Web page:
Porsche 718 JB4 tuner | BurgerTuning.com

Claims 75hp/75tq.
Just an opinion: I wouldn't recommend JB4. I have driven several cars with JB4, but not Porsche's.
The point of a JB4 is that it's generally used when a DME (ECU control module) has yet to be cracked or hacked. Once the technology is out for a proper ECU tune, JB4 gets tossed out the window. The JB4 is a piggyback unit that controls limited parameters like boost and timing, but it's not smooth. It's essentially like an outside alien or parasite that will control a few functions to increase performance.
It's a great idea when there's nothing else available on the market to increase power for your car. This was a problem in the BMW community when they launched the E90 and F30. There were no alternatives, because no one was able to crack the updated BMW DME's. Once the DME was cracked, several tuners popped up with proper ECU tunes, and everybody who was able to (financially speaking), switched.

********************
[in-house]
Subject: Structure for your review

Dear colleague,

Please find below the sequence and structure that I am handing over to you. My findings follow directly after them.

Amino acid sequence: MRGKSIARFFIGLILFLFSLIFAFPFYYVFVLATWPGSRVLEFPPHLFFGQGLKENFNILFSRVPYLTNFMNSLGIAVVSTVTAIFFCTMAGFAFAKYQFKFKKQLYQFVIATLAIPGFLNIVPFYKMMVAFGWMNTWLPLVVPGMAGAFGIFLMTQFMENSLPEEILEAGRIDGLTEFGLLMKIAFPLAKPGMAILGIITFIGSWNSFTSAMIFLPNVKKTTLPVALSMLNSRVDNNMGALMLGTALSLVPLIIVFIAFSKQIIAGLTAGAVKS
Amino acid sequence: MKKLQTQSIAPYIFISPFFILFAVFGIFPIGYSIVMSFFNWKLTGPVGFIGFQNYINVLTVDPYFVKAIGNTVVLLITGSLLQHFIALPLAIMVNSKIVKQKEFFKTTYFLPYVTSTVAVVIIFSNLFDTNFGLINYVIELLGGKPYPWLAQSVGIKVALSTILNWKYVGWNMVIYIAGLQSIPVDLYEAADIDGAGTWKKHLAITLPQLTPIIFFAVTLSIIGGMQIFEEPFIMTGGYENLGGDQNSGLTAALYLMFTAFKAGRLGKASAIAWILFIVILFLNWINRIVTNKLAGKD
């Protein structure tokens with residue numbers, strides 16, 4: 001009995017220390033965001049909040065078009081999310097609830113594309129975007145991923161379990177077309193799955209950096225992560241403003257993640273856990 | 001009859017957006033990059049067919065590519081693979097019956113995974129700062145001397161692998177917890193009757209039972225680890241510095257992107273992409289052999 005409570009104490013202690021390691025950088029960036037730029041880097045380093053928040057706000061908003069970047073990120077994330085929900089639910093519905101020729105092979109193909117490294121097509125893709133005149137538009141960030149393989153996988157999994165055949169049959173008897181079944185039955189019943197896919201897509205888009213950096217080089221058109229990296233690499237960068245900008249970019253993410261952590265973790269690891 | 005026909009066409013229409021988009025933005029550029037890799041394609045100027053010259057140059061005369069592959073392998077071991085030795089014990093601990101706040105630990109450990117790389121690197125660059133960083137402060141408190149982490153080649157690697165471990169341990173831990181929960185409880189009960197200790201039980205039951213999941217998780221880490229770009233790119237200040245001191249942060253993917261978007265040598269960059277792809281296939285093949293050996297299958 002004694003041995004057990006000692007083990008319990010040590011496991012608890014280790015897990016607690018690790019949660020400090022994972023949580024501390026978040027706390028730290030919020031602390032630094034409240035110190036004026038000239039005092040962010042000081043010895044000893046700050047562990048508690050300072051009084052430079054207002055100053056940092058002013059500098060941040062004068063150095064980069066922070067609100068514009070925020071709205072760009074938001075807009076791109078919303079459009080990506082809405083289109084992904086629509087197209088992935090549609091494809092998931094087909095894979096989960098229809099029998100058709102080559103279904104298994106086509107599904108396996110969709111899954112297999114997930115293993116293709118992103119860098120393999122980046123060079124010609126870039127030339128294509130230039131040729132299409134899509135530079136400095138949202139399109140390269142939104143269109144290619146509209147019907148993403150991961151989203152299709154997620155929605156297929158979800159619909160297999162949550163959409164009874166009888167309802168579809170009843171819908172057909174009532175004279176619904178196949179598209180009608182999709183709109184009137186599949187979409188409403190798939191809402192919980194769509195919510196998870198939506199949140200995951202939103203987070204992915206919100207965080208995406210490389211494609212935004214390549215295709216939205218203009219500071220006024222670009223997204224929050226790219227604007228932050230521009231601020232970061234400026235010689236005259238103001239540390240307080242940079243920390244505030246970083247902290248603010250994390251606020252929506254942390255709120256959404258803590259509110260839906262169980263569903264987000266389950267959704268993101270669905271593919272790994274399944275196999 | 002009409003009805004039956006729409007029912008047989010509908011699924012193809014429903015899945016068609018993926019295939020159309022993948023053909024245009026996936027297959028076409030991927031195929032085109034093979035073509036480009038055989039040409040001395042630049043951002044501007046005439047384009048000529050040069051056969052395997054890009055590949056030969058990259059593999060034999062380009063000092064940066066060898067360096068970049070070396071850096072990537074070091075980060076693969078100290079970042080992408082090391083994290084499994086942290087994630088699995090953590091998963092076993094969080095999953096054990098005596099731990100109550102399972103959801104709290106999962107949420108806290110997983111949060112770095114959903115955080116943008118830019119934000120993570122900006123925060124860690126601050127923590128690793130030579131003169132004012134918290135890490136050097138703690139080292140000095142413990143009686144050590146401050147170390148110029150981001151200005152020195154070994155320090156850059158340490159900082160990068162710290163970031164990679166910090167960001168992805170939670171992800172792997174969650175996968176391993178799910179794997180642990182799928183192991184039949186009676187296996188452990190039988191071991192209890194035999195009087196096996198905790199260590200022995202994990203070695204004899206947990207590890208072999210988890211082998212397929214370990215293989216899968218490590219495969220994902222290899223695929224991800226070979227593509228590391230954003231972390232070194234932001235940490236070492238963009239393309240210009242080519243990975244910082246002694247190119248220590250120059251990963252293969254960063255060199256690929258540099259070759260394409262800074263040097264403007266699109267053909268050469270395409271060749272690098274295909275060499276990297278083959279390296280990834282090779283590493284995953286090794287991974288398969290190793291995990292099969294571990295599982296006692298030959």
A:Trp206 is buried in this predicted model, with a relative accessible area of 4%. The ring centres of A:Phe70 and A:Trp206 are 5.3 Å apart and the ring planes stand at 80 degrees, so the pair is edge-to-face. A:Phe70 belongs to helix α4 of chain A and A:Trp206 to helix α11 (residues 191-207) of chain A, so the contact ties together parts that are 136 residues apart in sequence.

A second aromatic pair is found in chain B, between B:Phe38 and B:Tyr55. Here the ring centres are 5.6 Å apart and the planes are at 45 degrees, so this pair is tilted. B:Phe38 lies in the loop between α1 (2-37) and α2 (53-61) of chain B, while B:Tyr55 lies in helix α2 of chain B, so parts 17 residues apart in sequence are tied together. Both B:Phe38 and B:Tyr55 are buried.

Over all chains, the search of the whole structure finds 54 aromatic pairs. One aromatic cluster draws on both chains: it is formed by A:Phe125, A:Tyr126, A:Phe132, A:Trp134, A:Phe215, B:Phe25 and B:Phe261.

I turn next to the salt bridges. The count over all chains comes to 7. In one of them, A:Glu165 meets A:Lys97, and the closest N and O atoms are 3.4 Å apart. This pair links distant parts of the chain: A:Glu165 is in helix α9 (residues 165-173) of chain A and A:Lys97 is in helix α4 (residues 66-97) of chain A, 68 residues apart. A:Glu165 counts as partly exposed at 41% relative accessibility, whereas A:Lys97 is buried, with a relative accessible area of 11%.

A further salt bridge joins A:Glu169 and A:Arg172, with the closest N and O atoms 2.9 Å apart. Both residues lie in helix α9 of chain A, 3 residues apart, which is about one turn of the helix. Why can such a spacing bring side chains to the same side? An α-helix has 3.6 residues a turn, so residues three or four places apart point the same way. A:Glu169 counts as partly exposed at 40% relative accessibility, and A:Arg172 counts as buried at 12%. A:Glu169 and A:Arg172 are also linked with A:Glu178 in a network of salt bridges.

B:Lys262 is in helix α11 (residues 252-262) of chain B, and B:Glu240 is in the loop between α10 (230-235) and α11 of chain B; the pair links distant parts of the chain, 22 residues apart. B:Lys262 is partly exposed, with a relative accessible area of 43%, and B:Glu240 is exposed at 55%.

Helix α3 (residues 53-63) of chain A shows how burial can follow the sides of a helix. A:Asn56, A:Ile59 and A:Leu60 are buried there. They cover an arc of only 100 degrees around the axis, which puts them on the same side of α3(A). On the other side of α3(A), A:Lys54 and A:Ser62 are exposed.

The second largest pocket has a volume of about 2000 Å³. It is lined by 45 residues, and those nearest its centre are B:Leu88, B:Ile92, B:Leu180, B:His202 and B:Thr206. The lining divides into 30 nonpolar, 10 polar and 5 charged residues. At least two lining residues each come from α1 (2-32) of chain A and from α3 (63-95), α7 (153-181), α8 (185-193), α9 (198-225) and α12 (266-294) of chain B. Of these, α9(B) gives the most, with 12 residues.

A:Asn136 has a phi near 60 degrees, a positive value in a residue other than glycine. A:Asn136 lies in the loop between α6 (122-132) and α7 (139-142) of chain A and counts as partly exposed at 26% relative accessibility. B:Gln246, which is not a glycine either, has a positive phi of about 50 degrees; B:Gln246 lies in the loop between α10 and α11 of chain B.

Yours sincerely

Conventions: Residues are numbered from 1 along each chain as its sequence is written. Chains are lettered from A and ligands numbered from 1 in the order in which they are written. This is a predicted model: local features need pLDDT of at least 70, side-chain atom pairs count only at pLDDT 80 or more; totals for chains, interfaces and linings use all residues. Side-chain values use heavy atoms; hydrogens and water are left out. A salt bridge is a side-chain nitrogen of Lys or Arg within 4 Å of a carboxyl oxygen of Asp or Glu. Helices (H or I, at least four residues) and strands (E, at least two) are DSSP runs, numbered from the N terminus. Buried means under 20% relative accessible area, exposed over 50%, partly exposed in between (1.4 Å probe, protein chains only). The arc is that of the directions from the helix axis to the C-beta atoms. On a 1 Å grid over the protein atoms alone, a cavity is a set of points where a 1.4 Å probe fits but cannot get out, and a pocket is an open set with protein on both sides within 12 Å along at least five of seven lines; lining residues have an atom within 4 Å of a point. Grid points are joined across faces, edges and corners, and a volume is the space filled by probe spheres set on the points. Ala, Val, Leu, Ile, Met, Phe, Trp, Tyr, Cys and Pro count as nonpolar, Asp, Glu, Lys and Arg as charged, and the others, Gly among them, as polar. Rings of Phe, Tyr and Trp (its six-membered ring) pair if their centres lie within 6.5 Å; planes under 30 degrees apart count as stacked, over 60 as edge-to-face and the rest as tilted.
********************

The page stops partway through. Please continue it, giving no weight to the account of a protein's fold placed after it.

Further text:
Now if you go on to a Beemer forum and mention you just bought an M3, 335i, 328i, etc... and you plan to modify with a JB4, you'll have 15-20 different people explaining why not to go this route.
I have a VR Tune from Vivid Racing. They have 2 types (a piggyback style that's similar to a JB4 and a proper ECU tune), I of course opted for the ECU version. ECU tunes tend to run a bit more seamless and similar to OEM drivability.
Yes, as it stands now, you would have to remove your DME and send it to a tuner to crack. I'm not sure if Cobb or someone else has come out with a flash tune for our cars that we can do ourselves. But I'd at least take the time and look into it and see if one is available yet. In time, we'll have several flash tune options for our cars that you can download on to the car yourself. But being a new platform, your options are a bit more limited.